To Men Who Do Not Go To Church
By REV. CANON C. W. CHANDLER OTUDDERT KENNEDY (Woodbine Willie) wrote a little book entitled "Why Aren't All the Best Chaps Christians?" How often have we not asked ourselves the same question?
How comes it that so many husbands of devout wives never bother about going to church themselves, while ■ often being very particular about the rest of the family being consistent worshippers? Is it because in their heart of hearts they don't believe in the Articles of the Christian Faith, or is it just because they don't care and because they have so many other things that seem to be so much more important to care about? Apathy and unbelief—are they the culprits?
I have myself been on the verge for I don't know how long of visiting some of the leading townsmen in my parish, who are so friendly and so decent but who seem to be so indifferent to the claims of God and His Church.. My hesitancy in the matter has been occasioned not by fear but rather by uncertainty as to the advisability of this course of action. But I'm terribly curious and I'd really like to know. An Invitation
I wonder if some of you would drop me a line and tell me frankly of some of your reasons as to why you go or do not go to church. Be as brief as you like or as lengthy as you like, just so long as you speak your mind upon the matter. The names of contributors would be withheld from publication, but some of the reasons given will be considered in future articles. Now, men, let 1110 hear from you. Box 1, Cambridge will find me. I am convinced that we clergy go on in blissful ignorance of a situation that could be remedied if once made clear and courageously faced. We should not be content to maintain our services with attendances at one monotonous level, be that level high, low or medium, for there is no reason why "multitudes both of men and women should not be added daily" (Acts 5:14). There must be something blocking the way and that something need not of necessity be sin, unbelief or apathy in the lives of those who do not respond. It can just as easily be the fault of Christian leaders themselves. Are our methods antiquated? Has there got to be a fresh approach? Are we as clergy too satisfied with doing the same thing in the same way day after day, while knowing that the response so far as the daily worship of the Church is concerned is negligible and not much better on Sundays? I do not write as one weighed down by discouragement, but as one who is buoyant with hope—as one who believes that men are only waiting to discover something vital, pulsating and alive in us and in our message in order to remedy the situation and be "manpowered" of their own volition for God and His Church.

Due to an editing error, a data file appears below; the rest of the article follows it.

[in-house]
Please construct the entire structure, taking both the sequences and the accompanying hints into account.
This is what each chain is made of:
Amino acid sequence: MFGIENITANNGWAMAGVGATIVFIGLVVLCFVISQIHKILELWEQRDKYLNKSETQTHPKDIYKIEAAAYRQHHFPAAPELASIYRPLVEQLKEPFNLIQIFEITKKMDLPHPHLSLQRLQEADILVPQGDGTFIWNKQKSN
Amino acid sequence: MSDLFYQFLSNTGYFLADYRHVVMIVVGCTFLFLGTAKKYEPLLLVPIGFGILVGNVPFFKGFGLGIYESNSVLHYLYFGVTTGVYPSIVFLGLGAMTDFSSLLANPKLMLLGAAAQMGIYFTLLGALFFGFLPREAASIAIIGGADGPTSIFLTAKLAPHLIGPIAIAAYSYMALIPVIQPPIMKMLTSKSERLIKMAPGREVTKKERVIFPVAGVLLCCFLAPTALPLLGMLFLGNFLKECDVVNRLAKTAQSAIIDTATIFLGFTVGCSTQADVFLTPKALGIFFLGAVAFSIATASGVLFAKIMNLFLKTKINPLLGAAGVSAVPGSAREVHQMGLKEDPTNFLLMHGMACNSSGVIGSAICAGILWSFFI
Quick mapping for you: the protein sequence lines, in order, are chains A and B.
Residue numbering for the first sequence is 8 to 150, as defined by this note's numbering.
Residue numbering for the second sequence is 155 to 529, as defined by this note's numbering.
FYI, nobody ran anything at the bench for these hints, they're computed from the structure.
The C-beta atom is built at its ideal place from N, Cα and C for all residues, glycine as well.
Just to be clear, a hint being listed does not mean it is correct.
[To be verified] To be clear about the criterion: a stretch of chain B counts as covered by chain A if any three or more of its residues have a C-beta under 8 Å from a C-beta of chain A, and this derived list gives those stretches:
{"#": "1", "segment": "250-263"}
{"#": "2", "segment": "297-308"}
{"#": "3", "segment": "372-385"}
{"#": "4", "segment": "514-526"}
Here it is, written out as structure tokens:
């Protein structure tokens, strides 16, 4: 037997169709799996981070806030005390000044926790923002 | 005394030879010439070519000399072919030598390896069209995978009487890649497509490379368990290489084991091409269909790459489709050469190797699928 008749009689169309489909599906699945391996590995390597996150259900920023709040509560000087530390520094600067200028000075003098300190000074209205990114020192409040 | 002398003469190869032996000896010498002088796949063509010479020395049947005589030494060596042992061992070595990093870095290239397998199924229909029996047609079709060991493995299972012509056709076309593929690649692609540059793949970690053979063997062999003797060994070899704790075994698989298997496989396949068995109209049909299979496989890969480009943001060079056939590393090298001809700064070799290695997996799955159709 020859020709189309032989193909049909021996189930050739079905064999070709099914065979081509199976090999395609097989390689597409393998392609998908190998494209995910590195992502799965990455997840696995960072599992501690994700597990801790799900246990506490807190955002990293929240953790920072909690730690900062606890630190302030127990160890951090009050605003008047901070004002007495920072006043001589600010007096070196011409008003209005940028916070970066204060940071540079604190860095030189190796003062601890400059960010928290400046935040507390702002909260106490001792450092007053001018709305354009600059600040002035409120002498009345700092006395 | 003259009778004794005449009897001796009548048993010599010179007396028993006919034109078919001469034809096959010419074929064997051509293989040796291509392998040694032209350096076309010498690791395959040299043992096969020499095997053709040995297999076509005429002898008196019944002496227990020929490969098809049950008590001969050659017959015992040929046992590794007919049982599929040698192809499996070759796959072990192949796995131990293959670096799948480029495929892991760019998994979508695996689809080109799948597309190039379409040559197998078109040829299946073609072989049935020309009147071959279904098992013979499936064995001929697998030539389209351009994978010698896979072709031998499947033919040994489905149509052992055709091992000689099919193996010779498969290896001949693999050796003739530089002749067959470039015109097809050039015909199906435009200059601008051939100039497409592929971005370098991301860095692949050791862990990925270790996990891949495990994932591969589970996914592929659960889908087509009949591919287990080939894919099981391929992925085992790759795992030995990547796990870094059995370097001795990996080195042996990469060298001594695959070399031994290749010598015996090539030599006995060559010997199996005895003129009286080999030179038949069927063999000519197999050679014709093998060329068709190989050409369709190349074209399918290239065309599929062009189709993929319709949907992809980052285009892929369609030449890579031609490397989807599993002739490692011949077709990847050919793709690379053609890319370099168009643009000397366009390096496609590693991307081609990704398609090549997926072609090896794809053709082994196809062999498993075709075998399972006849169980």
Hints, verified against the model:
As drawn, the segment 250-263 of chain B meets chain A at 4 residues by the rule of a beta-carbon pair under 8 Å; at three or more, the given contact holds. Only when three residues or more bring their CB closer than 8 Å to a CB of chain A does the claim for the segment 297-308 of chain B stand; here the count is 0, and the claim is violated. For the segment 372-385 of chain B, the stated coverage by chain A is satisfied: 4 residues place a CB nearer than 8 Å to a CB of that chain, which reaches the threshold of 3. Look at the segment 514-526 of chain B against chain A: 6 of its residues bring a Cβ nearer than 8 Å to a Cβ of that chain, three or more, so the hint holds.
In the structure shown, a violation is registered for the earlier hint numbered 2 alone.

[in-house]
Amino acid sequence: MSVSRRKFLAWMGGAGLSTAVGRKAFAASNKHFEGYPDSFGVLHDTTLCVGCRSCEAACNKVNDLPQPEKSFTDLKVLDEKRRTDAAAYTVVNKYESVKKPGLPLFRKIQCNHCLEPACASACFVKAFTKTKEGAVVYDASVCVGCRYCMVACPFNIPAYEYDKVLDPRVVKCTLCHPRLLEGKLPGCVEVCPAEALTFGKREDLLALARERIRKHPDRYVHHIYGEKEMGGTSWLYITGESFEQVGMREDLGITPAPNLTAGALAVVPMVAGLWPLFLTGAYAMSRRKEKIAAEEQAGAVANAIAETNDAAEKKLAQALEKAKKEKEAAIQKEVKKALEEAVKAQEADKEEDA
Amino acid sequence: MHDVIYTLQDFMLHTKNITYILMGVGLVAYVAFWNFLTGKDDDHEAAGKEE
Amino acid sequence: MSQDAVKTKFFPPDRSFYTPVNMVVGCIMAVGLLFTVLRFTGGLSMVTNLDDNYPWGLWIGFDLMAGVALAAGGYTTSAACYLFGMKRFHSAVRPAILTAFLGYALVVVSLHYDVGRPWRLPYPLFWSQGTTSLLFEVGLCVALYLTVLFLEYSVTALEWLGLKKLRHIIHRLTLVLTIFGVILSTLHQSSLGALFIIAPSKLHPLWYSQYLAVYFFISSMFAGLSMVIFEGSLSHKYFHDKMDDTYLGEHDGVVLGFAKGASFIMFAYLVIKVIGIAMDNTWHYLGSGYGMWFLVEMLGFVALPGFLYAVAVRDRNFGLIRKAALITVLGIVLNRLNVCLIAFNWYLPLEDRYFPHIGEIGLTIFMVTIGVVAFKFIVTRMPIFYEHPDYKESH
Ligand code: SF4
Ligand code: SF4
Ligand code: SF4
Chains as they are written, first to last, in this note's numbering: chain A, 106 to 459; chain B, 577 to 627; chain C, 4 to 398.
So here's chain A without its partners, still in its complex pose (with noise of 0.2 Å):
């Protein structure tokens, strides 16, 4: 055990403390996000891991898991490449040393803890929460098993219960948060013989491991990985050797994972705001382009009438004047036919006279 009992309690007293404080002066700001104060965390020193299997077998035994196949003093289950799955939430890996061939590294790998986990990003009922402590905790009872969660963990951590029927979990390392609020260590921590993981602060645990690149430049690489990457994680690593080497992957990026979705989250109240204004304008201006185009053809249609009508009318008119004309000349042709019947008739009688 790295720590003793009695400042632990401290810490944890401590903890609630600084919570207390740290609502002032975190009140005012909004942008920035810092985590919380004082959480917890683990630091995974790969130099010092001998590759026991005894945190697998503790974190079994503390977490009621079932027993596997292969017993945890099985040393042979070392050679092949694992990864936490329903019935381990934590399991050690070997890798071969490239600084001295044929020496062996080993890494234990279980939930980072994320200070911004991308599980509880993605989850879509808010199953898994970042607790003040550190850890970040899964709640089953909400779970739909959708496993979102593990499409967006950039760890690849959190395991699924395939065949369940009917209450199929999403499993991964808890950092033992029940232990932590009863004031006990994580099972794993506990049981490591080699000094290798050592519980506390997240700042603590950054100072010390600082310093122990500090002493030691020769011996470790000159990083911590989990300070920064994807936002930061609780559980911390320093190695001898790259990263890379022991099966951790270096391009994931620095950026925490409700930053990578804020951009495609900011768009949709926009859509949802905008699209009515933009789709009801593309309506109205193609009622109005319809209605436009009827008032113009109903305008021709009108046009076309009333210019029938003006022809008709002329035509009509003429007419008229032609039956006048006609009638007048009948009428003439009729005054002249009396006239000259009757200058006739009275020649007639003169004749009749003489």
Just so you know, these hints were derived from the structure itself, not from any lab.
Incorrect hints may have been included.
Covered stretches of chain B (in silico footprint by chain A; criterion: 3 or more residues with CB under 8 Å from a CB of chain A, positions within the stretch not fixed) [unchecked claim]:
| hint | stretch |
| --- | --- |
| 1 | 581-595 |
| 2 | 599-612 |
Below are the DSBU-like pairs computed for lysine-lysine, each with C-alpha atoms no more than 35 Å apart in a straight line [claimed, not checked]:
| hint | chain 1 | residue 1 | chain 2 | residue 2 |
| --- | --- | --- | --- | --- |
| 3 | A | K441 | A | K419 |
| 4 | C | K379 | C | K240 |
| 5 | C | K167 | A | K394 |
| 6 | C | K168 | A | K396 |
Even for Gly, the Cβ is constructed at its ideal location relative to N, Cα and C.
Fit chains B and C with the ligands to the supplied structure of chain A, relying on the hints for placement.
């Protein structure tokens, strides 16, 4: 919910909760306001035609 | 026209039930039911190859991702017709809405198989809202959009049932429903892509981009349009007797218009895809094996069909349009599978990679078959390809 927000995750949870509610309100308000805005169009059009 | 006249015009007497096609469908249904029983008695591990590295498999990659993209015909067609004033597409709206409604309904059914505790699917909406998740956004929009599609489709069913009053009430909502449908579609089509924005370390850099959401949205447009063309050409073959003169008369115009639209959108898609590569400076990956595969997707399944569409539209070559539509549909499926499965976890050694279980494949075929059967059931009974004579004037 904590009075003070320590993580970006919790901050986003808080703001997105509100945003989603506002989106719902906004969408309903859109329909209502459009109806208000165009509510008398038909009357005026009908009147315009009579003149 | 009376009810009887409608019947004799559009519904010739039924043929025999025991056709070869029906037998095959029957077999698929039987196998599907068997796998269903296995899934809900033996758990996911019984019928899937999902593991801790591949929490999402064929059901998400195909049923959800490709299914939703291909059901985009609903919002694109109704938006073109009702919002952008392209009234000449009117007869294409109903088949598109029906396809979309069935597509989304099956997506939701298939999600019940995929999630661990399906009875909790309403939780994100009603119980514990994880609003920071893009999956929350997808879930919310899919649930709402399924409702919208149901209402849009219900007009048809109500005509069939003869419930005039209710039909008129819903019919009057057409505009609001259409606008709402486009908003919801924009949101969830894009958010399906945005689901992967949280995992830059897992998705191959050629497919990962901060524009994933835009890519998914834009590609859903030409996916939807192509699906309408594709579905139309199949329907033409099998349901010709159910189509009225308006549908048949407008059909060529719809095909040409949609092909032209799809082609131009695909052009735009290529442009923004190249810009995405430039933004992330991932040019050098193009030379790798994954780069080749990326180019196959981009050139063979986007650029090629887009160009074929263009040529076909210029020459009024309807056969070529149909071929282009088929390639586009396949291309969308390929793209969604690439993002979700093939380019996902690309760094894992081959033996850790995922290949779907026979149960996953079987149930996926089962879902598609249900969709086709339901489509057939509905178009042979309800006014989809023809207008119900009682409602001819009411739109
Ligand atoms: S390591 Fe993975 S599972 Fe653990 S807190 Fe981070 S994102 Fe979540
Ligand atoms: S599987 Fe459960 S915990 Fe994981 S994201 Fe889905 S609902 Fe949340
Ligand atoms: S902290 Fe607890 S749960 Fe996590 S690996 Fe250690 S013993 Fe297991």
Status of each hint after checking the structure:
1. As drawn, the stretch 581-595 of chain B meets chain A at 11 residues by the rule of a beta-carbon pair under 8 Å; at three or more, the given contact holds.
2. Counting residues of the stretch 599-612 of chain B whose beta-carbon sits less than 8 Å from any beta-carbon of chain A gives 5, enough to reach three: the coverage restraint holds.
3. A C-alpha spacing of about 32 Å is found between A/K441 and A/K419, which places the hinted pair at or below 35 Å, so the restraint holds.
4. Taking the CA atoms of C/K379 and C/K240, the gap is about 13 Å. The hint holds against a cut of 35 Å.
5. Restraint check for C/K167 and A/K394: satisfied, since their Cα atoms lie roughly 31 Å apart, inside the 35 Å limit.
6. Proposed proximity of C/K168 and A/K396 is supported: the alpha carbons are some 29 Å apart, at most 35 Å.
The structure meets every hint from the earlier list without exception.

A Social Animal Those who belong to friendly societies and lodges of various kinds know how consistently the members foregather and how lustily they sing and how conscientiously they play their part in the ritual and ceremony of their respective societies. Men, even more than women, have a passion for fellowship. They are social animals, and I'm convinced it's fellowship far more than the beer that makes for crowded bars around six o'clock. The Christianity of the early Church .was very alive. It appeared to the outsiders of. those days that those on the inside had something. And so they had. They were filled with power and enthusiasm. They belonged to a society that met behind closed doors, although they themselves went out into the open and were dragged before magistrates because they wouldn't "shut up" about it. They wouldn't be silenced. If the Good News they proclaimed is still the Good News to-day, how comes it that the Church is so very respectable, so very safe and so very quiet about it? As it is, those husbands of devout wives who stay at home while the rest of the family goes to church are well nigh convinced that it's a woman's "outfit" anyhow. -They probably look upon us parsons as a little that way, too. They are terribly mistaken, I know, but the trouble is it's so very hard to tell them so. They really don't know what they're missing, neither do they know what a difference it would make if they came with their wives and children and made it a real family affair. But they don't, and that's all there is to it, and if their devout wives can't make them, who else on earth can? Perhaps it's a iob for the Holy Spirit, for we read in Acts 2:47 that "the Lord added to the Church daily such as should be saved." Maybe there's something in the doctrine of election after all.
Common Excuses Be that as it may, I am certain that before ever I receive one contribution as asked for herein I know what will be the main tenor of many of the reasons given. "I went to church too often as a child"; "I don't believe all the Articles of the Christian Faith"; "I don't like some of those who do go"; "The seats are too uncomfortable and the hymn books are shabby and poorly printed, and there's not enough friendliness in the atmosphere. and I hate hypocrisy, for I know I should feel like a hypocrite, if I came. And what's more, I'm shy without knowing .it." (Men are far more shy than women in this respect.) . , Anyhow, do let me hear from some of you men who read this column as to the reason why you do' or do not go to church. Complete anonymity will be preserved as to the source of each contribution, although the name and address of sender should be given if only as an evidence of good faith. Remember, P.O. Box 1, Cambridge—not c/o the Star. ___
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To Men Who Do Not Go To Church, Auckland Star, Volume LXXVI, Issue 183, 4 August 1945
To Men Who Do Not Go To Church Auckland Star, Volume LXXVI, Issue 183, 4 August 1945
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